Wednesday, February 6, 2008

Comments on Space Closure

I often receive questions on space closure mechanics; I will take this opportunity to address issues regarding space closure.
First, and most important, the biology of tooth movement is more important in determining the rate of space closure than the particular technique used. Osteoclasts and osteoblasts must do their job; human premolar and molar roots can move bodily through bone at the rate of about 1mm per month. In most cases, movement faster than this amount means teeth are tipping into the extraction site. This type of movement is usually counter-productive.

Second, the arch must be completely leveled before space closure can occur. That means the practitioner must leave the working wires (usually .019x.025 st.steel in a .022 slot) in the arch passively for at least a month. Once the arch is leveled, space closure can commence.

Third, many practitioners inform me they prefer to close space on a round working wire (most commonly .020 st. steel in a .022 slot). They claim that friction due to the rectangular wire filling the slot inhibits space closure. I believe this is false. Closing space on round wire is usually not indicated for the following reasons:
1) Loss of torque control. Torque is the weak link of the pre-adjusted appliance. Closing space without torque control uprights anterior teeth. This gives the completed extraction case a “rabbitted” appearance- the teeth end up too upright. This is especially problematic in upper bicuspid extraction cases, as the uprighted maxillary anteriors can occlusally interfere with the lower anteriors.
2) Speed of space closure. The rate of ostoblastic and osteoclastic activity, not the amount of friction, determines the speed of space closure. (1) Controlled force levels on a rigid wire eliminate nearly all of the potentially deleterious side-effects associated with space closure mechanics. Remember, if the rate of space closure exceeds 1mm per month, the teeth are probably tipping into the extraction site. This is detrimental to the orthodontic result.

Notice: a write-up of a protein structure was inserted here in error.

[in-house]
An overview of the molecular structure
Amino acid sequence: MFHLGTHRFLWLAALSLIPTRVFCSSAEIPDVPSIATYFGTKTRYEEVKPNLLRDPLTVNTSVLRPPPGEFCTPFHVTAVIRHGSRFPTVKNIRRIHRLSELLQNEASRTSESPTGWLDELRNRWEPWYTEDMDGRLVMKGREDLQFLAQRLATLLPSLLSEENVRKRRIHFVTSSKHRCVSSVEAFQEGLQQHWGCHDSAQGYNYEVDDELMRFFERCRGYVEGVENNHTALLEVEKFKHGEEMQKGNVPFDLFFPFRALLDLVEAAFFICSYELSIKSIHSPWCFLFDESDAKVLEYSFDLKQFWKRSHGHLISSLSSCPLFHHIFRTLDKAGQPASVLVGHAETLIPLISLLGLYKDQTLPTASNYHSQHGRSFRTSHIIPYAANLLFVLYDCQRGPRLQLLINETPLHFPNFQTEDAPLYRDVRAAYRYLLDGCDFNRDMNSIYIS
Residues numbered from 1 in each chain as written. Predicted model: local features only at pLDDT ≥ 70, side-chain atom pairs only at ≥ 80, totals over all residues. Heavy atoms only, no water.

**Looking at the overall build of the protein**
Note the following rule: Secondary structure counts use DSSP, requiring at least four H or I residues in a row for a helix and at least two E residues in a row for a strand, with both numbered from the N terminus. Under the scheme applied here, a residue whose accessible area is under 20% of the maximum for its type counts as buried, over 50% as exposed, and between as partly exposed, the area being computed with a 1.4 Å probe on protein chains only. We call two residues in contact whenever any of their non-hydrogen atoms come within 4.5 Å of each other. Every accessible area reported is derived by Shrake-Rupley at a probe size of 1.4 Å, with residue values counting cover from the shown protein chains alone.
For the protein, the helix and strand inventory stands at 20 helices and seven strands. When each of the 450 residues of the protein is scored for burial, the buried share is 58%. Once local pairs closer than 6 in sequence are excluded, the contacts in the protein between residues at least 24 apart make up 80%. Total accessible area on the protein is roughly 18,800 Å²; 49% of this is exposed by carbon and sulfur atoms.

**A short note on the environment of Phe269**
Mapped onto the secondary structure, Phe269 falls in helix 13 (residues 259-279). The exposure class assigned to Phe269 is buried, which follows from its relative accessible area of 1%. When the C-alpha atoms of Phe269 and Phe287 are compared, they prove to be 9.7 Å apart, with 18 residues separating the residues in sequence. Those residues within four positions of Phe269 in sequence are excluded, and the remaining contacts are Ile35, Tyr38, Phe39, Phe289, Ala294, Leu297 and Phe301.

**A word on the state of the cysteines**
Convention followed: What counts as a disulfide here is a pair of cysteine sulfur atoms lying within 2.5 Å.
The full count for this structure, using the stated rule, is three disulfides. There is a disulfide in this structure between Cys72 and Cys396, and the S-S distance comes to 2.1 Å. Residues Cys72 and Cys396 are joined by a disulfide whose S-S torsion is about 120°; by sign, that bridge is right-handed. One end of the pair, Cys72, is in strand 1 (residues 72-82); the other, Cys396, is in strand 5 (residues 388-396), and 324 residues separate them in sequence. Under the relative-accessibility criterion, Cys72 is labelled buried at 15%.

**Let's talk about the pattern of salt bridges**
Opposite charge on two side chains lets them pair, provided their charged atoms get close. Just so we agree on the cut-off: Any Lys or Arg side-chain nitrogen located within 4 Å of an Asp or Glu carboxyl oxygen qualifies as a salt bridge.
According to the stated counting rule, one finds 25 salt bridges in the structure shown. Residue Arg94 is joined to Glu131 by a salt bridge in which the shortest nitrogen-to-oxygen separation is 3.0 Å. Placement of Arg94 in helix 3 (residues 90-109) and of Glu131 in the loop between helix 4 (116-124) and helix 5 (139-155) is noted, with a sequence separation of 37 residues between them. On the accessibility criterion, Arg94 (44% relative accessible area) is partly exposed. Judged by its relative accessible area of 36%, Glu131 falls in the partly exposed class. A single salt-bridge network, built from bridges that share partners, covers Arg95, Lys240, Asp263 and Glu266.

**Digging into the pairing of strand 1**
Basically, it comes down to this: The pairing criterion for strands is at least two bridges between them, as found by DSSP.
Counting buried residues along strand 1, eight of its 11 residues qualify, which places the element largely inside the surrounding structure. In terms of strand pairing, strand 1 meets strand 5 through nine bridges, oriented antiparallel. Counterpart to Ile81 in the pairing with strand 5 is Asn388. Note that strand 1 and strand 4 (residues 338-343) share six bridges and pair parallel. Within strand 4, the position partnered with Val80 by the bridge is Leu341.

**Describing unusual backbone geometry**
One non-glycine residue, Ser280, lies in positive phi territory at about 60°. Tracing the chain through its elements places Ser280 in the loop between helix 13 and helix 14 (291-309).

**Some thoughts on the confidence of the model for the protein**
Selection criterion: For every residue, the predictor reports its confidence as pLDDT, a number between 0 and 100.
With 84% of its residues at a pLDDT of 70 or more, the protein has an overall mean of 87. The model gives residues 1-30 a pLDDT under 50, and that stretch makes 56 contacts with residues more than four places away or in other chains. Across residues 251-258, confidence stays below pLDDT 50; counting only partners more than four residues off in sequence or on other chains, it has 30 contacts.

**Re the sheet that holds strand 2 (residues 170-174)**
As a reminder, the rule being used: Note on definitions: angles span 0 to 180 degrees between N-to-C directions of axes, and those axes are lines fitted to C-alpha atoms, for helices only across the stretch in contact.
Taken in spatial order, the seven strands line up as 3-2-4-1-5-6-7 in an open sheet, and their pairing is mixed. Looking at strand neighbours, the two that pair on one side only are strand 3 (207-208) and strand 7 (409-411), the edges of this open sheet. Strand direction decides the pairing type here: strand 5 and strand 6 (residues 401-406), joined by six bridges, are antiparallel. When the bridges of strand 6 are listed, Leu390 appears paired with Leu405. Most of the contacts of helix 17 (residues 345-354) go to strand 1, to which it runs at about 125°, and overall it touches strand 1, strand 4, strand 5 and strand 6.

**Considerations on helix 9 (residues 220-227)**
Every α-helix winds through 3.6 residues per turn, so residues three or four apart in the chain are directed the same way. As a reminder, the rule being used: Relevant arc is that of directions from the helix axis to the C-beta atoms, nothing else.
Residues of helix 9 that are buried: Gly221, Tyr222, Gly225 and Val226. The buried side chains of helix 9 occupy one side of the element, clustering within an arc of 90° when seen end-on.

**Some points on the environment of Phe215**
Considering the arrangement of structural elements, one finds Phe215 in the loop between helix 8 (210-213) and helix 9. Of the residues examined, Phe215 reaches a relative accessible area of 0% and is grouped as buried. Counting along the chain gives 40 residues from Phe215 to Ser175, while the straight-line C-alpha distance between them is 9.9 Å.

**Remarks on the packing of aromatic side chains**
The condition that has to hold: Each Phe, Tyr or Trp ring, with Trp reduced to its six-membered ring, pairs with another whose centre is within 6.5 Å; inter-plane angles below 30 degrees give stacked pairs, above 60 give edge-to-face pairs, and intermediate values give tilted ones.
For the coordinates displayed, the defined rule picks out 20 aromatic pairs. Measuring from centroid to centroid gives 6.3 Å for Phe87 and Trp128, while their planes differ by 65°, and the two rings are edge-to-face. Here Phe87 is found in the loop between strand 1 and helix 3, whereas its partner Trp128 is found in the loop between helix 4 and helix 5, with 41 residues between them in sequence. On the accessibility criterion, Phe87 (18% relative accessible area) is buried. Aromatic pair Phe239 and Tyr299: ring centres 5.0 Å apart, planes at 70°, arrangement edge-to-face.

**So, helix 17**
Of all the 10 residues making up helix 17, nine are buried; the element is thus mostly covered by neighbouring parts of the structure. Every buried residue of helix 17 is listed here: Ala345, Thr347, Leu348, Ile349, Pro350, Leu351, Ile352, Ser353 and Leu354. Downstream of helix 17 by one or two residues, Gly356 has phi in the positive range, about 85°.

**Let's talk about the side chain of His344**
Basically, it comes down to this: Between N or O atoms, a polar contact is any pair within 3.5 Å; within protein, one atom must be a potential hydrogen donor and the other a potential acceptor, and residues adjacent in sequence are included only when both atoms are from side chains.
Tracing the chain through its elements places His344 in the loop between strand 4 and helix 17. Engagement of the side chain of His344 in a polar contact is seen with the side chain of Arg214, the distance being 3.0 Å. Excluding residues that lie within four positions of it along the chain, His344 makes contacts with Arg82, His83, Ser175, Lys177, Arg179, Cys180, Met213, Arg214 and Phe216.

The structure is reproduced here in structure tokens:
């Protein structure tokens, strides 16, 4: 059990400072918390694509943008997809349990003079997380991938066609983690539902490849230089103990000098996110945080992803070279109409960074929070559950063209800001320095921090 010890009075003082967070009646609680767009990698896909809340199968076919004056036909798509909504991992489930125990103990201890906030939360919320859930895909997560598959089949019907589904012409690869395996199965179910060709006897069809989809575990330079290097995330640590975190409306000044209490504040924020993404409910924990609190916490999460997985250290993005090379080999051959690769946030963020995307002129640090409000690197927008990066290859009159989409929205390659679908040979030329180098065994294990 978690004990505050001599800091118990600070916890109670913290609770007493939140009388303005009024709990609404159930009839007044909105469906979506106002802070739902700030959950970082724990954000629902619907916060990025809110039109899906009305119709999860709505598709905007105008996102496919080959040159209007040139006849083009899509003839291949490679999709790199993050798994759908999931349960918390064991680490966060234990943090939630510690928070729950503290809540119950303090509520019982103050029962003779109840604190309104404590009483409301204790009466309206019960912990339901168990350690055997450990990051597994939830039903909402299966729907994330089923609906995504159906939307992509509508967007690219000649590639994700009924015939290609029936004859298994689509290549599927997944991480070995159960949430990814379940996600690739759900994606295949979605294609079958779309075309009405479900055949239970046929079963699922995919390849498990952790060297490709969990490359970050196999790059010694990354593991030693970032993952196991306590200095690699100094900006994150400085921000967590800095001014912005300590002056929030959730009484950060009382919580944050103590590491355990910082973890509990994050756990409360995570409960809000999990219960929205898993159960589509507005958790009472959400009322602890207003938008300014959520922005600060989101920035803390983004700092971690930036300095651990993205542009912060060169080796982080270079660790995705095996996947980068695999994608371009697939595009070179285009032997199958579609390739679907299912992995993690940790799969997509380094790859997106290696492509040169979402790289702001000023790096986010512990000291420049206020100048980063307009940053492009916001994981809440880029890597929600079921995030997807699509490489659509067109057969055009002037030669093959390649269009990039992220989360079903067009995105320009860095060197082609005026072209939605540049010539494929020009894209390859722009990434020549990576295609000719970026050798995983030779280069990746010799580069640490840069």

Fourth, many practitioners ask what is the best force system to use. Many systems work well, as the big issue is to provide adequate amounts of force after the arch has been leveled. I prefer en-masse space closure (moving the 6 anterior teeth as 1 unit) to canine retraction. En-masse closure takes full advantage of the principle of sliding mechanics, which is one of the big advantages of the pre-adjusted appliance. As for force application, many effective methods exist. Nitinol coil springs or active tie-backs are very effective. However, I like to use elastics. The proper force is usually provided by ¼" medium Class I elastics when the exraction site is larger than 4mm.When the site is 2-4 mm wide, switch to 3/16" medium. For the last mm or 2 of space closure, use chain elastic. My patients wear the elastics full time and change them every 12 hours. They attach the elastic from the hook on the canine bracket to the hook on the last bracketed molar. The anterior 6 teeth are held together (as 1 unit) by chain elastic or a figure-8 steel ligature tie.

Using elastics to close space provides the practitioner the flexibility to deal with many situations that arise during space closure. For example, if the molars are a little Class II, space closure can be accomplished by applying the elastics in a Class II direction. In fact, the practitioner can apply the elastics in virtually any configuration to close the space in the manner required in the individual case.

Delays in space closure
A couple of reasons exist which can cause delays. Often, upper premolar brackets are placed too gingivally. This results in over eruption of the premolars, resulting in occlusal interferences. Also, gingival tissue can build up in the extraction site, causing delays. In addition, dented or bent tubes or bracket slots can inhibit sliding. So if the space is not closing appropriately, check these three items. Chances are, you will discover the problem.

1. Miles PG 2007. Self ligating vs conventional twin brackets during en-masse space closure with sliding mechanics. American Journal of Orthodontics and Dentofacial Orthopedics. 132:223-225